Saturn devouring Child




Yaldabaoth in the Apocryphon of John and Pistis Sophia and the Gospel of Judas. There are some superficial similarities but significant differences.

Yaldabaoth is described as the chief archon or Demiurge. The Judeo-Christian God is Elohim and YHWH (“The LORD”) of the Old Testament, two of his titles. YHWH is similar to verb of “to be,” which is a polemic — meaning that God is saying only in Him is reality and existence and being and that there are no other “real gods.” Christianity also observed that two other hypostases or Latin: personae “persons” are also given worship like God, are given attributes like God and have divine prerogatives and actions, namely Jesus Christ and the Holy Spirit. Thus we Christians describe that we believe in ONE God (we’re monotheistic) — one being or ousia, with three hypostases or persons: the Father, the Son and the Holy Spirit.

Yaldabaoth is described as “filled with envy.” Christianity would not say that our God is envious — everything is His. However, Christianity would say that our God is jealous for His people, just as I as a husband, would be jealous if any man tried to take my wife or her affections away.

Yaldabaoth is described as trying to limit man’s knowledge by forbidding him the fruit of knowledge in paradise. The Christian God is not trying to limit man’s knowledge — but rather, trying to instill “knowledge through obedience” as opposed to shortcuts or violating God’s commandments. The difference is significant. Let me pose an example. I’ve told my young son not to throw things including his toys around. He could either 1) learn through obedience or 2) learn through disobedience. As he threw his grandfather’s (my dad’s) favorite sentimental mug on the ground, it shattered, and my dad was very sad. And my son learned that day that throwing certain things on the ground would make some people sad. Adam was supposed to learn to obey God and grow in knowledge through obedience.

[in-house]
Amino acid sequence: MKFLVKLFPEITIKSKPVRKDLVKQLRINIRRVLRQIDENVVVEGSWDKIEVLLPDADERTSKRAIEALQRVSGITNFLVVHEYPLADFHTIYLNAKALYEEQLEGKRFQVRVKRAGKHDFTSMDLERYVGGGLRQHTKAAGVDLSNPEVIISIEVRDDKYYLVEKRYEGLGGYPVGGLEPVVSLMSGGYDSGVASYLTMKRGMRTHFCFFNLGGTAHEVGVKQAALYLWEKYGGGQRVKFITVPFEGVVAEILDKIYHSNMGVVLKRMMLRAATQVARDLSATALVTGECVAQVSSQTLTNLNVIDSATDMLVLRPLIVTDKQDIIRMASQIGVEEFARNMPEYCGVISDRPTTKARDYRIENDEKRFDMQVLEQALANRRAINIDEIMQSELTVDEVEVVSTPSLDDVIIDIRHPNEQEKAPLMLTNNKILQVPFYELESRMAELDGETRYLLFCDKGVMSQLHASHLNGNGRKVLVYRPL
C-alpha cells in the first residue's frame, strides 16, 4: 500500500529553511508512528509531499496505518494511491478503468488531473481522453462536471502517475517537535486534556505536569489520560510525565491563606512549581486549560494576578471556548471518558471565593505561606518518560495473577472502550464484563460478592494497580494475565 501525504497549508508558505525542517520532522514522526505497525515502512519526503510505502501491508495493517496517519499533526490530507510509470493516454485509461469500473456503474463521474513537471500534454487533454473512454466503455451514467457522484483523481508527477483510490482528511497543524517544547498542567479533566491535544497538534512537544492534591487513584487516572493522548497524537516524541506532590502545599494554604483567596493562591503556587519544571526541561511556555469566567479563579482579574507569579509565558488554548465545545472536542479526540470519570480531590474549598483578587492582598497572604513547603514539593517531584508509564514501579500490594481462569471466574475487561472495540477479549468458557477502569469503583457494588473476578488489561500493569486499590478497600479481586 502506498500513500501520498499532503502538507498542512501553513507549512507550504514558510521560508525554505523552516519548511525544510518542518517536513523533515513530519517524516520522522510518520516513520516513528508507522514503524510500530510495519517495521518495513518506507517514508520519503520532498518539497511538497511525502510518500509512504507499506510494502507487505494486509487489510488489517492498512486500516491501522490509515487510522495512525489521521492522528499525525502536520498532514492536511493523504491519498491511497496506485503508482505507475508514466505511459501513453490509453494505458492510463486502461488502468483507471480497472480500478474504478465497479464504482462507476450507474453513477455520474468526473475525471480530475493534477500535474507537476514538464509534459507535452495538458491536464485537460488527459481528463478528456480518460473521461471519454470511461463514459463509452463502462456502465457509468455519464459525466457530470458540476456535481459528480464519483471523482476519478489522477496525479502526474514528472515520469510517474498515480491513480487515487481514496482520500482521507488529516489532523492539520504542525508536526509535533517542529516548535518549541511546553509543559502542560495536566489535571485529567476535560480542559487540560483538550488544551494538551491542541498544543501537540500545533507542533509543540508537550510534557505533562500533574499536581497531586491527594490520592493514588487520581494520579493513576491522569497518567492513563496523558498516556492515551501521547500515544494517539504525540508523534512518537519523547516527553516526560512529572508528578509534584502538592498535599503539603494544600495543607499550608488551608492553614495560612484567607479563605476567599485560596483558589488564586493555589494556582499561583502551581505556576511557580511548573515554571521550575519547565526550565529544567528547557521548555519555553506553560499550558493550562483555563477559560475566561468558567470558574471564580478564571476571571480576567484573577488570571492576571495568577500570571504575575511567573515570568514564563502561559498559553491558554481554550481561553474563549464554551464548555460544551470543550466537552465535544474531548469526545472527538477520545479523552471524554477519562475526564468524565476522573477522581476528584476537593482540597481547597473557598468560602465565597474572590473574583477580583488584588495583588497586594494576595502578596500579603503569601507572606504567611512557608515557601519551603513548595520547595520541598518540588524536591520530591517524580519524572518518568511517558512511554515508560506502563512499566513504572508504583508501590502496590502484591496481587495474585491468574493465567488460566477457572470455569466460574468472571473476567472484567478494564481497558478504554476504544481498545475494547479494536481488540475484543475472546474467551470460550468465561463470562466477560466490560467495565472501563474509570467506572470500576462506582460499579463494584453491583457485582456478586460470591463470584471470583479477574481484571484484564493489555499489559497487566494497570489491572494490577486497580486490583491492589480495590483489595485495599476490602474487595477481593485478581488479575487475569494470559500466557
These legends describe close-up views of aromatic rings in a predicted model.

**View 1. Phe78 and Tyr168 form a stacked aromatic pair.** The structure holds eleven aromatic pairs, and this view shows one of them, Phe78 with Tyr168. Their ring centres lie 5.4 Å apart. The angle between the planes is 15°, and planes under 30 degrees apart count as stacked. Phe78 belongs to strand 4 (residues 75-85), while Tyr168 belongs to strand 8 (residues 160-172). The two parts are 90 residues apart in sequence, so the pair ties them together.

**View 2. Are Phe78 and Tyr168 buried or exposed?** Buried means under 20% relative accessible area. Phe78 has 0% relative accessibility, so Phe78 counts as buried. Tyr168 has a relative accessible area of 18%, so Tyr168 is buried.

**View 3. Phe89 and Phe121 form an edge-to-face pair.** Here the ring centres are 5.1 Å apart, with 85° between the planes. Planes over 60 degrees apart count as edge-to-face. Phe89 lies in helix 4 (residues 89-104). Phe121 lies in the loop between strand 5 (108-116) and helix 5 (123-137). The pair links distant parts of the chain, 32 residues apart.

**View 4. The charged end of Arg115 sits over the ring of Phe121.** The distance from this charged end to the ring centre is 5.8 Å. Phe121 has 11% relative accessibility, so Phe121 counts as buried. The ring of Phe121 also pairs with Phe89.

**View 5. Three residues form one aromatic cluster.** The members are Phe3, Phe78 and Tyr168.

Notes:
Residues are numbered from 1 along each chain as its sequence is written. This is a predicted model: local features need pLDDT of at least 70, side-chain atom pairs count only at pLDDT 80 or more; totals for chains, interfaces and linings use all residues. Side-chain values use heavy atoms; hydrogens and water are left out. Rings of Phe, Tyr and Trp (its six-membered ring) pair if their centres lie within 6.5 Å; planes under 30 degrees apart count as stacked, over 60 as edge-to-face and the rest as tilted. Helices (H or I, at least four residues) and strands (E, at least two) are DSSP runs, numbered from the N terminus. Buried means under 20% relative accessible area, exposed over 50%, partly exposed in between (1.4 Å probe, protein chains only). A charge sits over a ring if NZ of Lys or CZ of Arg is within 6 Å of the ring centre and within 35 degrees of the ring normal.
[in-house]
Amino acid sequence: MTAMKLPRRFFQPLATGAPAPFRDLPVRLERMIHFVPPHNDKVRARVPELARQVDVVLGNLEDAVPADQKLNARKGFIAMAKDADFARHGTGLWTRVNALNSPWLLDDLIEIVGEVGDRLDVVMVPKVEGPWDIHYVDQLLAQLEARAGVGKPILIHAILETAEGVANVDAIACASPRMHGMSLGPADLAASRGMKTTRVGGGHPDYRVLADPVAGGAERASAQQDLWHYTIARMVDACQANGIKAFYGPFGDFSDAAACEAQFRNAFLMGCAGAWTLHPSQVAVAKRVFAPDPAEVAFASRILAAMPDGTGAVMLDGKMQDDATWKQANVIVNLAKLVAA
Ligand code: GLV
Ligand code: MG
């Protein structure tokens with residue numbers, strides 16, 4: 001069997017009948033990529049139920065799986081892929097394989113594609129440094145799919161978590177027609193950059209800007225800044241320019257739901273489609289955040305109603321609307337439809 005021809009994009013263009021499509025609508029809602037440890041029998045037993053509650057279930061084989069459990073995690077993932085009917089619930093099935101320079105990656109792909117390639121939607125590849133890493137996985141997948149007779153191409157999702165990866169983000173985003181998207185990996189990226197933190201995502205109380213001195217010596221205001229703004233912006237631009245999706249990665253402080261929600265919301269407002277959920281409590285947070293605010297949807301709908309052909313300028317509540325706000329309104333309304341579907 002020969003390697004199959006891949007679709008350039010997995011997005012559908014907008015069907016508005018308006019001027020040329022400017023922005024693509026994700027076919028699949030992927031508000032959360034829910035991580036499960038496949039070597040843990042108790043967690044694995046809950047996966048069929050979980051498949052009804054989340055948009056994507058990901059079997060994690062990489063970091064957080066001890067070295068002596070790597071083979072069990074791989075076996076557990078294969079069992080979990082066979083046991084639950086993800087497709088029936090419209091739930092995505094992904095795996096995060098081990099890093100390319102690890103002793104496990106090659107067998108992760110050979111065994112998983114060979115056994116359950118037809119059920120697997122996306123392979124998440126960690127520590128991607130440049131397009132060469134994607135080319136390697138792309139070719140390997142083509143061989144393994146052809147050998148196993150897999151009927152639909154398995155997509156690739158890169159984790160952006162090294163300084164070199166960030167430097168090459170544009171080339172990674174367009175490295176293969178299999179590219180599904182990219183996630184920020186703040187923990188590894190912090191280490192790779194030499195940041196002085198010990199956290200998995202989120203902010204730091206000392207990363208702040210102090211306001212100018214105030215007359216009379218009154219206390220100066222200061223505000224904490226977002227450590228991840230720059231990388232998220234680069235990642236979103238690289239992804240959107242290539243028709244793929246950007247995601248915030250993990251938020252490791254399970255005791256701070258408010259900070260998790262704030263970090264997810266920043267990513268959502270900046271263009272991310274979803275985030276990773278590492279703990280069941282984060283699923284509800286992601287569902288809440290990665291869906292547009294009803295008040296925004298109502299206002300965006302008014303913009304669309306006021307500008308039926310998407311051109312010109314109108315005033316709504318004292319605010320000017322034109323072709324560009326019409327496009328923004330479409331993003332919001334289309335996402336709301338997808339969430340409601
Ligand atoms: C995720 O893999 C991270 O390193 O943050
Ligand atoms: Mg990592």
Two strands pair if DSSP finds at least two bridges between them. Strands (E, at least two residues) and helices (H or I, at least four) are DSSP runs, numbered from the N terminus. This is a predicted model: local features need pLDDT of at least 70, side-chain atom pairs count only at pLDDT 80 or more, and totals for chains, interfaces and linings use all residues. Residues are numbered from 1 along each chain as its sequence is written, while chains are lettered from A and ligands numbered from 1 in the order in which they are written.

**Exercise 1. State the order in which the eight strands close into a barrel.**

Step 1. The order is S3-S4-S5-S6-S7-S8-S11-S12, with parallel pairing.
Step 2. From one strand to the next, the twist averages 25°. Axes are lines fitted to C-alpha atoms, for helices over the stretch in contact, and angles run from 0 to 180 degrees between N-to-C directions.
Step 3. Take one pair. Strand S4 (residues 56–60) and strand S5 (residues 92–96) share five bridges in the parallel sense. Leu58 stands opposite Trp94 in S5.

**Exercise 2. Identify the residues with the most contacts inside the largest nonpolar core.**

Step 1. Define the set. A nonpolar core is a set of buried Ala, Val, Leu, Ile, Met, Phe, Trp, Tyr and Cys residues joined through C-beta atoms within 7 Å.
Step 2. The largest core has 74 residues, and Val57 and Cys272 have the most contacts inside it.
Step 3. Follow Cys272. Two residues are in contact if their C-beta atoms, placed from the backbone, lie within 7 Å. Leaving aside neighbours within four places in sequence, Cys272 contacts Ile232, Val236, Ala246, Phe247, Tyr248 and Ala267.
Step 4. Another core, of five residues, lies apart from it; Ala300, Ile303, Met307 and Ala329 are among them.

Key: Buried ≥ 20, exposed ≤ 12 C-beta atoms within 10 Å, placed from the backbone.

Yaldabaoth resides in Chaos in Pistis Sophia having descended or sunk from the high estate(s); the Christian God has always been above the sky/the Heavens, in the “heaven of Heavens” (maybe in another dimension?)

At the “consummation of all things,” (showing a characteristic of Gnosticism) the material world and Yaldabaoth the Demiurge will be cast the lower depths whereas “all light” will return to the Pleroma, the “totality of divine powers” or something like that. The Christian God instead will cause a New Heaven and a New Earth, and we Christians will have a bodily (not just spiritual) resurrection — we will get new bodies. Side note: Gnosticism tends to divide between spiritual and material, thinking the latter is lesser; Christianity does not think that the material or bodily is lesser.

So is the Christian God equivalent of Yaldabaoth? I’d say no.


Leave a Reply